The Water Lily Pond

Sometimes artists are defined by their most famous subjects.

For Degas, it was dancers. For Da Vinci, it was the enigmatic Mona Lisa. For Monet, it was his Water Lilies.

In the overwhelming majority of his paintings that feature the lilies, Monet focuses solely on the surface of the water, but in his painting The Water Lily Pond, he gives viewers a fuller perspective of the area that chiefly served as his muse. 

Inspiration at Home

Monet’s most prolific works were those of his Water Lilies; the entire collection featured hundreds of individual pieces of famous art all painted out of the inspiration he received from his own property. However, most of those paintings are defined by their disorienting use of space. Since he focused solely on the surface of the water, Monet didn’t afford any clarity as to the source of perspective. 

However, in The Water Lily Pond, which Monet painted in 1899, viewers are given a better sense of where exactly the scene lives. A curved bridge cuts the vertical canvas into two sections. Above the bridge, about ¼ of the image is simply green foliage from deciduous trees, willows, and surrounding grass in the background. 

Most of the actual depiction comes into play below the bridge. Here, Monet paints his beloved pond, framed by tall green grass on both sides. The water is nearly filled with lilies and their pads. The blooms are blush pink and pale yellow, and their pads are a slightly bluish green. 

Between clumps of lilies, the calm water reflects the images of the trees above. The bridge itself is a simple, white one with a uniform curve and dappled shadows cast across it. In a sense, this painting sets the scene for the bulk of Monet’s other works. 

Today, The Water Lily Pond can be viewed at The National Gallery in London. 

Art Imitates Life

The Water Lily Pond was on Monet’s own property, and it was an inspiring view he worked hard to achieve. Monet purchased his home in Giverny in 1893, nearly 20 years after the First Impressionist Exhibit, which is a testament to just how long it took public sentiment to catch up with Impressionism.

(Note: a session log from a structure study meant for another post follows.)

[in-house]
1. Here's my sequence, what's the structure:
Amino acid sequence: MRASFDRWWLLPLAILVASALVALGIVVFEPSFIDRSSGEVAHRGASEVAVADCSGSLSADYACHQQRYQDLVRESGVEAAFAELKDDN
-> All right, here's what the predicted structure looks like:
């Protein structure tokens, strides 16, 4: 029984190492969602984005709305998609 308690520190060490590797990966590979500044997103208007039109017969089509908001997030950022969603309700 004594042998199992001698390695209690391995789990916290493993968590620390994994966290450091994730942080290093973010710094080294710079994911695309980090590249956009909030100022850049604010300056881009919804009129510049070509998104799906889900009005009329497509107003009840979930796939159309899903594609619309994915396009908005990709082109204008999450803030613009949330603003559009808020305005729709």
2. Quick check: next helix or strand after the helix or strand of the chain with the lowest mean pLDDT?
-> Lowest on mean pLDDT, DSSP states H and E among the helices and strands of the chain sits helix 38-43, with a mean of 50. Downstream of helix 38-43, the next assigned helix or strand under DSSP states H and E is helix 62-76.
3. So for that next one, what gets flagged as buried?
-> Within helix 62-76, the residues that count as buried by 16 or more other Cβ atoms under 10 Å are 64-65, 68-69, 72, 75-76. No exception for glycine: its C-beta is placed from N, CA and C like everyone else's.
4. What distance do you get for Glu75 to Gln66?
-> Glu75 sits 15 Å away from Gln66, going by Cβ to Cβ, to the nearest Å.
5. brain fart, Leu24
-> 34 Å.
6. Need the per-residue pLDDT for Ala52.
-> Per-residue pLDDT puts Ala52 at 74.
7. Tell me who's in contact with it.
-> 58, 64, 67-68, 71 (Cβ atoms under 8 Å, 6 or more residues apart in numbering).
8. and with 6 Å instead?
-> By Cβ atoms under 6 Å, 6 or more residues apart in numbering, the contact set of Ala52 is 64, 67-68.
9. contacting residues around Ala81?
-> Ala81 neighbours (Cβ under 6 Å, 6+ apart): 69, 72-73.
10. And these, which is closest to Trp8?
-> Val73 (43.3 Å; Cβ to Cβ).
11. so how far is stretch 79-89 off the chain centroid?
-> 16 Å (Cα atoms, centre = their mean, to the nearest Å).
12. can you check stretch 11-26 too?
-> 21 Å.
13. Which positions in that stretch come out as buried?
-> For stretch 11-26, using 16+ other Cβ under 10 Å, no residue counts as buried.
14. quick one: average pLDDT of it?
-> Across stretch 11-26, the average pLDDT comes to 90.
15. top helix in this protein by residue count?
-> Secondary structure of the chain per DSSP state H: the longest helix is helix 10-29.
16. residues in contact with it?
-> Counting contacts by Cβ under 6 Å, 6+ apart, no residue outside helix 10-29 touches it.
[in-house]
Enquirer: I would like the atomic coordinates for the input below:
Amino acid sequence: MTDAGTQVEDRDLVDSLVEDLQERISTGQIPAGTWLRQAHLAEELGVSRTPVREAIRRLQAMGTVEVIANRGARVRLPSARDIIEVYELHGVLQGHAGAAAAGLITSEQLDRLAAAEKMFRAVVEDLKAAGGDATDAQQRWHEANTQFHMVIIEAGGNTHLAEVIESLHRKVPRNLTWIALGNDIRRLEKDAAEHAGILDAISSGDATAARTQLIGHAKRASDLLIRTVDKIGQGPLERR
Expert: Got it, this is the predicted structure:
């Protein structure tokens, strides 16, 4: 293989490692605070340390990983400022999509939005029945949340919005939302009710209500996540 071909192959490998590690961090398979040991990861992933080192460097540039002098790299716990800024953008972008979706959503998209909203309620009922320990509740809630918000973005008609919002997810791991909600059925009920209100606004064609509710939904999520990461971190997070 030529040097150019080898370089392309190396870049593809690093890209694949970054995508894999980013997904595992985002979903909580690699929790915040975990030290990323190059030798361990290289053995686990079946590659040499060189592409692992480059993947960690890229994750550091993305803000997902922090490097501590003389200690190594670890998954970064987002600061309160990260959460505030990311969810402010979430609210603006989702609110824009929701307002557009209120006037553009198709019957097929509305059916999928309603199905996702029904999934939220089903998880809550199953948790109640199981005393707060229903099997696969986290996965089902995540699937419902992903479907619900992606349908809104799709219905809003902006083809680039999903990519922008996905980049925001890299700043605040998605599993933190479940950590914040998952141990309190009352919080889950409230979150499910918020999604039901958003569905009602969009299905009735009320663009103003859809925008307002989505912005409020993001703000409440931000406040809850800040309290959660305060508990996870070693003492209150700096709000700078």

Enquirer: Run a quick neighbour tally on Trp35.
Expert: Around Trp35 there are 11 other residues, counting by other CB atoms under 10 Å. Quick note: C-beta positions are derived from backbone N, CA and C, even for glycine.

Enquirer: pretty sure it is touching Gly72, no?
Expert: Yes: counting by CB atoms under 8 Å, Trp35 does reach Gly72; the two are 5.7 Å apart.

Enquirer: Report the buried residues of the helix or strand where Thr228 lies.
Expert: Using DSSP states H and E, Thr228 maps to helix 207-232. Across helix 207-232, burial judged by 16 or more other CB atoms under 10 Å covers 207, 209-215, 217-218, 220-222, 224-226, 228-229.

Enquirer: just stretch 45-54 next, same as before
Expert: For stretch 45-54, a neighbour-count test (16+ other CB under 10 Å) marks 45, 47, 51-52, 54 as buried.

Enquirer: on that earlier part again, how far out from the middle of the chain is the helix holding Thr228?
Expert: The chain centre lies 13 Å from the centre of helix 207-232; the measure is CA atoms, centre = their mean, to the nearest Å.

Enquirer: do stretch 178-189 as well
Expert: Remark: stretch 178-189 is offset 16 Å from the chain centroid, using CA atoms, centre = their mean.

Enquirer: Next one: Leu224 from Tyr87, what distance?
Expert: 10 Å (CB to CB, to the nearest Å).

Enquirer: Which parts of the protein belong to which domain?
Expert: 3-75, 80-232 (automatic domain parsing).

Once he owned the home and surrounding land, Monet went to work on transforming the pond and gardens into a truly magical environment. He set his sights in earnest on painting the Water Lilies in the late 1890s, just a few years before he painted The Water Lily Pond itself. 

Monet became so enchanted by his water lilies that he described the fixation as an obsession. More often than not, his works focused on small areas of the pond, depicting the impression he got of one patch of lilies. The Water Lily Pond is, however, a departure from that norm as it shows a large portion of the actual pond and its surroundings. 

A True Impressionist

The Water Lily Pond was one of several works Monet painted of the pond during different times of day and in different seasons, studying the way that the light affected his perception of the environment. 

Monet was one of the original Impressionists, and maintained his style throughout his entire career, even continuing to paint when his vision failed him later in life. With obvious brush strokes, plenty of color, a keen eye for light, and the feeling that a sense of a place is better than a photographic depiction, the Impressionists forged a new path in the art world. Monet, along with Degas, Renoir, Manet, and several others changed the course of creative expression. 

Monet didn’t view The Water Lily Pond as one of his greatest triumphs, but it is meaningful peek into his muse for his biggest fans.